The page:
Traveling is a Right
For many years professionals within the criminal justice system have acted upon the belief that traveling by motor vehicle upon the roadway was a privilege that was gained by a citizen only after approval by their respective state governments in the form of a permit or drivers license.
Legislators, police officers, and court officials are being made aware that there are court decisions disproving the opinion that traveling is a privilege that requires government approval.
"Even the legislature has no power to deny to a citizen the right to travel upon the highway and transport his property in the ordinary course of his business or pleasure, though this right may be regulated in accordance with the public interest and convenience." Chicago Motor Coach v. Chicago, 169 NE 22.
("Regulated" here means traffic safety enforcement: stop lights, signs, etc.)
"The right of the citizen to travel upon the public highways and to transport his property thereon, either by carriage or by automobile, is not a mere privilege which a city may prohibit at will, but a common right which he has under the right to life, liberty, and the pursuit of happiness." Thompson v. Smith, 154 SE 179.
It could not be stated more conclusively that citizens of the states have a right to travel, without approval or restrictions (license), and that this right is protected under the U.S. Constitution. Here are other court decisions that expound the same facts:
"The right to travel is a part of the liberty of which the citizen cannot be deprived without due process of law under the 5th Amendment." Kent v. Dulles, 357 US 116, 125.
"Undoubtedly the right of locomotion, the right to move from one place to another according to inclination, is an attribute of personal liberty, and the right, ordinarily, of free transit from or through the territory of any State is a right secured by the 14th amendment and by other provisions of the Constitution." Schactman v. Dulles, 96 App DC 287, 293.
As hard as it is for those in law enforcement to believe, there is no room for speculation in these court decisions. The American citizen does indeed have the inalienable right to use the roadways unrestricted in any manner as long as they are not damaging or violating property or rights of others.
Government, in requiring the people to file for drivers license, vehicle registrations, mandatory insurance, and demanding they stop for vehicle inspections, roadblocks, etc. are restricting and therefore violating the peoples’ common law right to travel.
Is this a new legal interpretation on this subject? Apparently not. The American Citizens and Lawmen Association, in conjunction with the U.S. Federal Law Research Center are presently involved in studies in several areas involving questions on constitutional law. One of the many areas under review is that of the citizen’s right to travel. A spokesman stated in an interview:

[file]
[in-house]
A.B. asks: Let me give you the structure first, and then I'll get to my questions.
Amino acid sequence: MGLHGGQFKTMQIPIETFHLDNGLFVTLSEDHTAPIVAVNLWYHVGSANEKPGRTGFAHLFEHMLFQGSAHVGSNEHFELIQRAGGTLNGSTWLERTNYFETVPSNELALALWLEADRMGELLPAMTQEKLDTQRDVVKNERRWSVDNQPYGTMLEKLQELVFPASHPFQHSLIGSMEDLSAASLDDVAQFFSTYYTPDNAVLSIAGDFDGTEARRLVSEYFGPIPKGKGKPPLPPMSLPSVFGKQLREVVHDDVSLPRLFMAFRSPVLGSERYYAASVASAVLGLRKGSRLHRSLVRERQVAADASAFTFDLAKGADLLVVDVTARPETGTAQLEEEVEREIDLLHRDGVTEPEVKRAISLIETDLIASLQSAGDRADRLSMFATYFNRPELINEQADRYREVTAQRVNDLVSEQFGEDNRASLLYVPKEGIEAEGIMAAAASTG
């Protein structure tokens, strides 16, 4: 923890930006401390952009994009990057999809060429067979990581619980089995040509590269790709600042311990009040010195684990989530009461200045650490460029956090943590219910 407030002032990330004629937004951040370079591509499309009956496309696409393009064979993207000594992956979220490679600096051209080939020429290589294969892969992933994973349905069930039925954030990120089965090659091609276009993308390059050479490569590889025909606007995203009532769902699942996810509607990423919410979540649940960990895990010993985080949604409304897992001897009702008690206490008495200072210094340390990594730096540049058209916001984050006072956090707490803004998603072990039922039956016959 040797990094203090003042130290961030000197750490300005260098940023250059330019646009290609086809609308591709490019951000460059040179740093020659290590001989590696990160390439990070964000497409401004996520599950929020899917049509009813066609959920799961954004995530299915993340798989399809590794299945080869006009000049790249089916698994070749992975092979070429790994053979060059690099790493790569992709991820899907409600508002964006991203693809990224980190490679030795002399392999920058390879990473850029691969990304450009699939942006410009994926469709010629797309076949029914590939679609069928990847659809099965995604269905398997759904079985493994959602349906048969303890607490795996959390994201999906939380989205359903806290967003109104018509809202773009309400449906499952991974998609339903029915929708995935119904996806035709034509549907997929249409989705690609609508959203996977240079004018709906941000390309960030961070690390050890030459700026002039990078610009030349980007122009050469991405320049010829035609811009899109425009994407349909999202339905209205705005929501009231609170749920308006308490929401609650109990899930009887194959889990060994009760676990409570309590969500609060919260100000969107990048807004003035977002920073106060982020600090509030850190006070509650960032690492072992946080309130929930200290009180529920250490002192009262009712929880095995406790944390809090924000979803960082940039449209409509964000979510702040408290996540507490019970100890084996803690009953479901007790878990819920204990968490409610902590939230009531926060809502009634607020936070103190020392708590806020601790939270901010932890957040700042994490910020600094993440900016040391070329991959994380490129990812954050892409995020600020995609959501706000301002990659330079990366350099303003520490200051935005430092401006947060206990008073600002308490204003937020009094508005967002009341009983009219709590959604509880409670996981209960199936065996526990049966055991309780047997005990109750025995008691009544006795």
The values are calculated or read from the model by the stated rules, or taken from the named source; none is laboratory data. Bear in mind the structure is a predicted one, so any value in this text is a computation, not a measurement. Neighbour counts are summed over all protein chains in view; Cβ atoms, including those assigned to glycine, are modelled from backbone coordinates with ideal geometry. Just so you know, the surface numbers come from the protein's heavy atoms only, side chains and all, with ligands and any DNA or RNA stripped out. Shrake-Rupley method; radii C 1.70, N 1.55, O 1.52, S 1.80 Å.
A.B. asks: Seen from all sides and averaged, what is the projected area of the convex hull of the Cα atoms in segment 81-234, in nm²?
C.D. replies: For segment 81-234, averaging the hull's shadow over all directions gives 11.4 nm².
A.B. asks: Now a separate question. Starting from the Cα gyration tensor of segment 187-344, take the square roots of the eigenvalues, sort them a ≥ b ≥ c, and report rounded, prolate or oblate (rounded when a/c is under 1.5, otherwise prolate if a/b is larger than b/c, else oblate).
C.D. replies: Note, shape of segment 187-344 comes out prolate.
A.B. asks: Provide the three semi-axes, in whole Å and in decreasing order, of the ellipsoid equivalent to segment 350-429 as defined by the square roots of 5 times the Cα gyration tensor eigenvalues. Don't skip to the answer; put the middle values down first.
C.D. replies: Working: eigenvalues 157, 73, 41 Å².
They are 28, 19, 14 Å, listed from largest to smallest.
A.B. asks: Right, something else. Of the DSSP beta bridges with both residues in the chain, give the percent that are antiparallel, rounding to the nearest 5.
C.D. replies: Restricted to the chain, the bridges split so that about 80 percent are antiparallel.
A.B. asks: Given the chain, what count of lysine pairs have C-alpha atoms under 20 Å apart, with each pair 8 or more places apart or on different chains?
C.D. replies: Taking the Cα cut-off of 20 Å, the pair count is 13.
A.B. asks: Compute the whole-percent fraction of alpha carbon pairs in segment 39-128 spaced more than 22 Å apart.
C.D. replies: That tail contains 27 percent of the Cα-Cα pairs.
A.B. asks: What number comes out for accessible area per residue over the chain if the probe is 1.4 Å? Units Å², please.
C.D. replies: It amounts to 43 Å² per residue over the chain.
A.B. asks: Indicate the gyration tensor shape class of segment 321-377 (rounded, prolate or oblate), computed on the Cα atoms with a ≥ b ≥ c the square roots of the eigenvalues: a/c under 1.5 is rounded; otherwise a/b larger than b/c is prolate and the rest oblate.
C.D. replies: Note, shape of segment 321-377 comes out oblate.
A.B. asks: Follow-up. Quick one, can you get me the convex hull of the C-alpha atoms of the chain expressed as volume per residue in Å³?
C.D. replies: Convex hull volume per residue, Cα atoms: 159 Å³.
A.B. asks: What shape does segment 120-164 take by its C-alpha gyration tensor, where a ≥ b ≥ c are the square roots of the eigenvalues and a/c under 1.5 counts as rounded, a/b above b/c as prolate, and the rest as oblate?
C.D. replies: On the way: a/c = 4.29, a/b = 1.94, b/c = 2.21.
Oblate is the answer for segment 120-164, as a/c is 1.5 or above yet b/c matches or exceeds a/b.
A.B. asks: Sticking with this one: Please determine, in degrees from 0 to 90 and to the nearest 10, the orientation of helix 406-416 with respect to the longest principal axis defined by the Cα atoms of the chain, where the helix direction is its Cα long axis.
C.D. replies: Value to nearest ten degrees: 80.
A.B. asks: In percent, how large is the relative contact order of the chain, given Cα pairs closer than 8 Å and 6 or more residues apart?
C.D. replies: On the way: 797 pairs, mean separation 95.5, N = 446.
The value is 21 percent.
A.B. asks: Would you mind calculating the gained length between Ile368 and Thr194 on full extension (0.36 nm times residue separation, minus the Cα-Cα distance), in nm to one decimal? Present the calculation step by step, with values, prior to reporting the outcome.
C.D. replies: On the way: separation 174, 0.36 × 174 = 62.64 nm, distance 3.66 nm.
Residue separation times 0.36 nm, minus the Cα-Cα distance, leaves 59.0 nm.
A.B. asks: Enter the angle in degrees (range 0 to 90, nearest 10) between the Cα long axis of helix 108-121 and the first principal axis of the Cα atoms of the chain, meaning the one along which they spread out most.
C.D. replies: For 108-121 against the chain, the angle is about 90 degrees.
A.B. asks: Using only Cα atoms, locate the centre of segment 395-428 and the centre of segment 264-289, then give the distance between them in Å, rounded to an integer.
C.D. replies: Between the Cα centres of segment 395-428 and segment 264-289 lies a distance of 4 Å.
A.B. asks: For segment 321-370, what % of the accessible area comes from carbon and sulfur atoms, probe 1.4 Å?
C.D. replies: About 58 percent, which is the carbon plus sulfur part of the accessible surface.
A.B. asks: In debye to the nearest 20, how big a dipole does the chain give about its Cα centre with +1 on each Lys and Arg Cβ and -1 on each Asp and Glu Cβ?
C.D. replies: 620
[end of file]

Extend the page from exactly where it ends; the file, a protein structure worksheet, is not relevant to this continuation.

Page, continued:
"Upon researching this subject over many months, substantial case law has presented itself that completely substantiates the position that the ‘right to travel unrestricted upon the nations highways’ is and always has been a fundamental right of every Citizen."
This means that the beliefs and opinions of our state legislators, the courts, and those of us involved in the law enforcement profession have acted upon for years have been in error. Researchers armed with actual facts state that U.S. case law is overwhelming. To restrict in any fashion the movement of the individual American, in free exercise of the right to travel upon the roadways (excluding commerce, which the state legislatures are correct in regulating), is a serious breach of those freedoms secured by the U.S. Constitution, as well as most state constitutions.
Our system of law dictates that there is only one way to remove a right belonging to the people. That is by a person knowingly waiving a particular right.
Some of the confusion in our present system has arisen because many millions of people have waived their right to travel unrestricted, and opted into the jurisdiction of the state. Those who have knowingly given up these rights are legally regulated by state law, and must obtain permits, registrations, insurance, etc.
Every police officer should keep the following U.S. court ruling in mind before issuing citations:
"The claim and exercise of a Constitutional right cannot be converted into a crime." Miller v. U.S., F.2d 486, 489.
Reprinted from a special edition of "Aid and Abet" bulletin #11, P.O. Box 8787, Phoenix, AZ. 85066, by Officer Jack McLamb.
It is important to be aware of a different point of view about traffic since a near police state exists on America’s highways today. Traffic Support Services’ goal is to reestablish the RIGHT to travel!